Incredible facial recognition technology experts have produced an image of what Madeleine McCann could look like on her 18th birthday.
It was just days before Madeleine McCann's fourth birthday on May 12, 2007, when the toddler went missing from a holiday apartment in Praia da Luz, Portugal while her parents were out dining nearby.
Her disappearance remains a mystery to this day and parents Kate and Gerry McCann have campaigned ever since she went missing in the hope they will see their little girl again.
The picture, produced by Bradford University professor Hassan Ugail in 2017 but accurate for a window of several years using advanced AI technology, shows what missing Madeleine could look like now.
His approach maps out key features such as the shape of the cheeks, mouth, and forehead.
The system uses machine learning to teach the computer how different people age, while also taking in the resemblance of family members to produce a photo-quality image.
This information was then fed into a computer algorithm, which synthesises new features for the face to produce photo-quality images. And it could have produced the most accurate and up-to-date image of missing Maddie ever seen.
Professor Ugail’s technology was first unveiled by Bradford University in 2017 and has been refined over the past two years.
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Discussing the photo, he previpusly told Daily Star Online:“We have taken in a huge database of people from different ethnicities, different races and obviously different gender and we have asked the machine-learning algorithm to actually learn about how humans age.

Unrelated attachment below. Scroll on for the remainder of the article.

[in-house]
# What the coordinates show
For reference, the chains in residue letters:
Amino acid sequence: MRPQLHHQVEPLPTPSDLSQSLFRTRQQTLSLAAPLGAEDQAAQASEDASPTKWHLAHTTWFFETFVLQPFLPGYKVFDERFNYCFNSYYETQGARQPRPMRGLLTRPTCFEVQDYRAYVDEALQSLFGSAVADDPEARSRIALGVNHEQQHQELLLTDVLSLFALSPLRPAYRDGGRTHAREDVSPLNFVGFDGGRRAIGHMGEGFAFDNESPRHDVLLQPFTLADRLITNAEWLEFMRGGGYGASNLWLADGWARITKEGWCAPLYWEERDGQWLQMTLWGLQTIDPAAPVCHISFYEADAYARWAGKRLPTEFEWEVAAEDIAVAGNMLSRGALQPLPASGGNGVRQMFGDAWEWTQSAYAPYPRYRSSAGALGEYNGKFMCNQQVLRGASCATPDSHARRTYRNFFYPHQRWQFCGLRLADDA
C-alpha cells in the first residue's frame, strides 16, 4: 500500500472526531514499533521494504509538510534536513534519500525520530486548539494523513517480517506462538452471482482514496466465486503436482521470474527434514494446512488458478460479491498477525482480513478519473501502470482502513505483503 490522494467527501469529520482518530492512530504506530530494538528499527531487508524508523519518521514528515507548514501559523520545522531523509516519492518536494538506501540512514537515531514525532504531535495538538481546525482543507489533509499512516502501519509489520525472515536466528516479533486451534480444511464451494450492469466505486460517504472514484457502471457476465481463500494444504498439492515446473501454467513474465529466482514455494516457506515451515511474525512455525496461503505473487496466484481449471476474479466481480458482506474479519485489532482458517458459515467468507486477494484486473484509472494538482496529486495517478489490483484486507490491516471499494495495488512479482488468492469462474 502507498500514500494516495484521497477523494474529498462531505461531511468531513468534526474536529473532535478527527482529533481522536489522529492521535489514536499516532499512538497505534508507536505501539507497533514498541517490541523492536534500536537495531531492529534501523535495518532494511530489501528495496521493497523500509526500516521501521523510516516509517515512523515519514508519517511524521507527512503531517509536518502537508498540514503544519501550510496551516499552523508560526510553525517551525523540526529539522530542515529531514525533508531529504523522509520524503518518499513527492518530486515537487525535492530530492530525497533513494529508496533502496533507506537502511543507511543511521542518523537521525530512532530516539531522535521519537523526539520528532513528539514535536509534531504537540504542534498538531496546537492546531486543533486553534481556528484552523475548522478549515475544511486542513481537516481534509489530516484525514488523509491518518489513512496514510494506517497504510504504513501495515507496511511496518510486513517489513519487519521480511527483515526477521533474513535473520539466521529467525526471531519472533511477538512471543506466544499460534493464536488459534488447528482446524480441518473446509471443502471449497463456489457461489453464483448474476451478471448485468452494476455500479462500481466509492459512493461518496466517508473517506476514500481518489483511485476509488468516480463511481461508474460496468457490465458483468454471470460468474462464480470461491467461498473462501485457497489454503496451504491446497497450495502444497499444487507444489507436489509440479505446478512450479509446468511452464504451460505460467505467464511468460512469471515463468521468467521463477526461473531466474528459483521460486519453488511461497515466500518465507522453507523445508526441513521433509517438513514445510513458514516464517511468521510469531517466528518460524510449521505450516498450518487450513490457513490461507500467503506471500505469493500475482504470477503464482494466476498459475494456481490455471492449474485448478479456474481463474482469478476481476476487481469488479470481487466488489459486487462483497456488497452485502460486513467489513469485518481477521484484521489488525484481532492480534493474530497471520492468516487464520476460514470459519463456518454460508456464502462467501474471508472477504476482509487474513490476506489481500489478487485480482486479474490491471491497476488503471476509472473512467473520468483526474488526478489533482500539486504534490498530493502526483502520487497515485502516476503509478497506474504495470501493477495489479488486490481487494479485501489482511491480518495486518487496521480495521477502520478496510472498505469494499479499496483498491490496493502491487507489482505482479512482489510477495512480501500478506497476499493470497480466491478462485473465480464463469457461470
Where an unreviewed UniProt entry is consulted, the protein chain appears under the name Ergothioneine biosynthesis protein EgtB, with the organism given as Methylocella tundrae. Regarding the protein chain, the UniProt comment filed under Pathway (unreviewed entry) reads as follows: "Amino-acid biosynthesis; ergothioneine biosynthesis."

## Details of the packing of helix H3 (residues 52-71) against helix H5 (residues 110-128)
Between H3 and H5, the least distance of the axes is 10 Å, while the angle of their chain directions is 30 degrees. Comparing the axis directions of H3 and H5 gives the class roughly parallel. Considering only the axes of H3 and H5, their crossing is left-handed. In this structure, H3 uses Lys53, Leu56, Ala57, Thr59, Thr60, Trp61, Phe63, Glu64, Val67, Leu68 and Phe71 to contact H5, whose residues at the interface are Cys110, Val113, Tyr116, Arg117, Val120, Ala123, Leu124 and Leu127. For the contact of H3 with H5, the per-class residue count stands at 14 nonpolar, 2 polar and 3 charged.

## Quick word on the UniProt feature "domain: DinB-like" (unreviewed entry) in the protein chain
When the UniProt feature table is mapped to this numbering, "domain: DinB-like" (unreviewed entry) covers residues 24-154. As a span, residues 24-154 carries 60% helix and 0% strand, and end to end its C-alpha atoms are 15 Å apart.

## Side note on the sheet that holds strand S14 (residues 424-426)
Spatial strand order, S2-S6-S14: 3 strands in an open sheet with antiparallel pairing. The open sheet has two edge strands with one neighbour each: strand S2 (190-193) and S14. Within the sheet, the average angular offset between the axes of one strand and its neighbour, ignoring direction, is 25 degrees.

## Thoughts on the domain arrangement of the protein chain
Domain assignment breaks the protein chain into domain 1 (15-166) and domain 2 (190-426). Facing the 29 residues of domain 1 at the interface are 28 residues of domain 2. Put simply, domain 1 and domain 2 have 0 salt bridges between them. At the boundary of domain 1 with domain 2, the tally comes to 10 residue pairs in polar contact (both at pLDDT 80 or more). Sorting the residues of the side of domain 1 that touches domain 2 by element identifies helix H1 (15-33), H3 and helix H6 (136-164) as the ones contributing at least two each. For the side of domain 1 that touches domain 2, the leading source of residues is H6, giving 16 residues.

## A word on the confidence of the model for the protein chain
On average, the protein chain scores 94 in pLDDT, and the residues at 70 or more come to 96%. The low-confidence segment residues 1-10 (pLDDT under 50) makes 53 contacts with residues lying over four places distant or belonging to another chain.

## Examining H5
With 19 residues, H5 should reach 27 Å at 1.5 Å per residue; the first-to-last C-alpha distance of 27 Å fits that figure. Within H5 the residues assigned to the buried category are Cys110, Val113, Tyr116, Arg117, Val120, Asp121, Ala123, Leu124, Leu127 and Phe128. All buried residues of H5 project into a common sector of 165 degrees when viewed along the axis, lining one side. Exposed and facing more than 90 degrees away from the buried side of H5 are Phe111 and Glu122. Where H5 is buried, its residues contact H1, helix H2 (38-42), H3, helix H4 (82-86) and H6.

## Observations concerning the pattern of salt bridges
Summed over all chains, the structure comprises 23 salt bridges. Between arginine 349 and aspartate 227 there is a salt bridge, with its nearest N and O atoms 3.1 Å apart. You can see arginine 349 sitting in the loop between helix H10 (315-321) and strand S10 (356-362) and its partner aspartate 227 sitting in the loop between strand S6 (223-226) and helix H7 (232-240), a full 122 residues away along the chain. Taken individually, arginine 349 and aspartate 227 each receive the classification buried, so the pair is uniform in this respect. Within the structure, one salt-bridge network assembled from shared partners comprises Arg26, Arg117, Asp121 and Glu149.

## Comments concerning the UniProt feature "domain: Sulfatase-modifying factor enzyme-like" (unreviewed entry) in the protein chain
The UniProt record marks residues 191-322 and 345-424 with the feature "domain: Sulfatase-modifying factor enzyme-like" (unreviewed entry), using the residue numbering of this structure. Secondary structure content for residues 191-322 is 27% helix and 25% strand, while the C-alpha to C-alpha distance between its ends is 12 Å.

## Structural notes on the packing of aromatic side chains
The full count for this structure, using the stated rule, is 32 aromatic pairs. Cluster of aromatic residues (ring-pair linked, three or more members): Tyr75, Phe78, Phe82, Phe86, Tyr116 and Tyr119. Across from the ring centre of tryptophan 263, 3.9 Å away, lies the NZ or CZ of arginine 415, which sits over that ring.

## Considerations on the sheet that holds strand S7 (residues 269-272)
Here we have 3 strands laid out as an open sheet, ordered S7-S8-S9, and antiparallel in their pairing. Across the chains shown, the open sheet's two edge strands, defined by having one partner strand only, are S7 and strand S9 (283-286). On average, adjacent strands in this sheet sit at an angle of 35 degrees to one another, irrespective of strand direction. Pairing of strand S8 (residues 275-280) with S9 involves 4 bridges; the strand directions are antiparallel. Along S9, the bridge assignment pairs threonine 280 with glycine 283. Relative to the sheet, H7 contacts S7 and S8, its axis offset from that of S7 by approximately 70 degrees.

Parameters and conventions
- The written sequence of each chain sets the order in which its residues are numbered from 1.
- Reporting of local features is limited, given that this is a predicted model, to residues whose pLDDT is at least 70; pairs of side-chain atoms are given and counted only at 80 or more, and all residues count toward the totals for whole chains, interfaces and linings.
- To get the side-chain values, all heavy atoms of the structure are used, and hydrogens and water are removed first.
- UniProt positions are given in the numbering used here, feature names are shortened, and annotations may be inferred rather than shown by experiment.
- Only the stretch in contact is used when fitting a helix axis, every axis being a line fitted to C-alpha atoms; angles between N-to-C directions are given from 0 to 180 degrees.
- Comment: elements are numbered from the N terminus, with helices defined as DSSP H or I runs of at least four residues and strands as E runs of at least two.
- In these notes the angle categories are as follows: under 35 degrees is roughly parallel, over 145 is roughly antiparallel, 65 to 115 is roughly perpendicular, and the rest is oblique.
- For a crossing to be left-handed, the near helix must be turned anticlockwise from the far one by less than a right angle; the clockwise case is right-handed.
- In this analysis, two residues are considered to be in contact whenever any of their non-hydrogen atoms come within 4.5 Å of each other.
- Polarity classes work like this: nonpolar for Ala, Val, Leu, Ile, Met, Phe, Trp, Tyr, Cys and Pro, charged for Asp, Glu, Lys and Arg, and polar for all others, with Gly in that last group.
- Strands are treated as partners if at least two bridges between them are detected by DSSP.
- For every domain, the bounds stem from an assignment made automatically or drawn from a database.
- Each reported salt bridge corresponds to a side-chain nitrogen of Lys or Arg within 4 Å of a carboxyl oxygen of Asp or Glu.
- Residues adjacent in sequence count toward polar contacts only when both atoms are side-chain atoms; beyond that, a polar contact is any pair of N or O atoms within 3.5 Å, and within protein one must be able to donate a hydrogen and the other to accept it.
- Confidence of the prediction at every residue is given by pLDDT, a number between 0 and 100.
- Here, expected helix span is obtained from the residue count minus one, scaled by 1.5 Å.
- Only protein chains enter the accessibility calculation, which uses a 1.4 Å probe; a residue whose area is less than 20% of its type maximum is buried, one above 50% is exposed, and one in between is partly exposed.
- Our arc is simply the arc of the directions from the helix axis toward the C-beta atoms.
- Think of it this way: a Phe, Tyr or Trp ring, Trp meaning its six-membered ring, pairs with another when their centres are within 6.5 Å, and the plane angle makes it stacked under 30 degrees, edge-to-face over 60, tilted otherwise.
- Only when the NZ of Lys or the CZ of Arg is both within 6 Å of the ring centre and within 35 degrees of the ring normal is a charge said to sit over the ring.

"For example a caucasian, white female ages very differently to a white male – and drastically differently from a black or Asian person.
"So all different races and genders age differently so we have taken that on board with our algorithm and we can also filter in siblings, parental and other family matters as obviously people resemble others in their family so we also take this on board."
He also explained how the process works.
"We take a photo, it doesn’t matter what age the person is really, any age. So in the case of Madeleine, it’s when she was three," he said.
"Then, first of all, we get a picture of mum and dad and put it into the system and that provides our template and we put the age in as 17.
"When we say 17, we can’t guarantee that but it will be something like 15 to 17 in a two to three-year range.
"That’s one reason we wanted to do this, to see if there’s any hope. Anybody who looks at this picture and will think 'I know someone who looks like this'.
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"Or even better if the police can run it through large databases and then identify potential looking people and then it can help with their investigation."
Ex-chief inspector Mick Neville, who founded the Met Police’s Central Forensic Image Team in 2012, has previously expressed an interest in analysing the image.
He now runs Super Recognisers International, formed of recruits who can remember 80% of the faces they see.
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This allows them to pore through CCTV footage and pictures to identify criminals and missing people.
He said: "What they could do with it (the new picture) is what they can do with any picture, they need other images.
"What we’d have to do is put pressure on Facebook because the facial recognition they use in America is one of the best in the world.
"We could run it across all the images and speak to Interpol or Europol."
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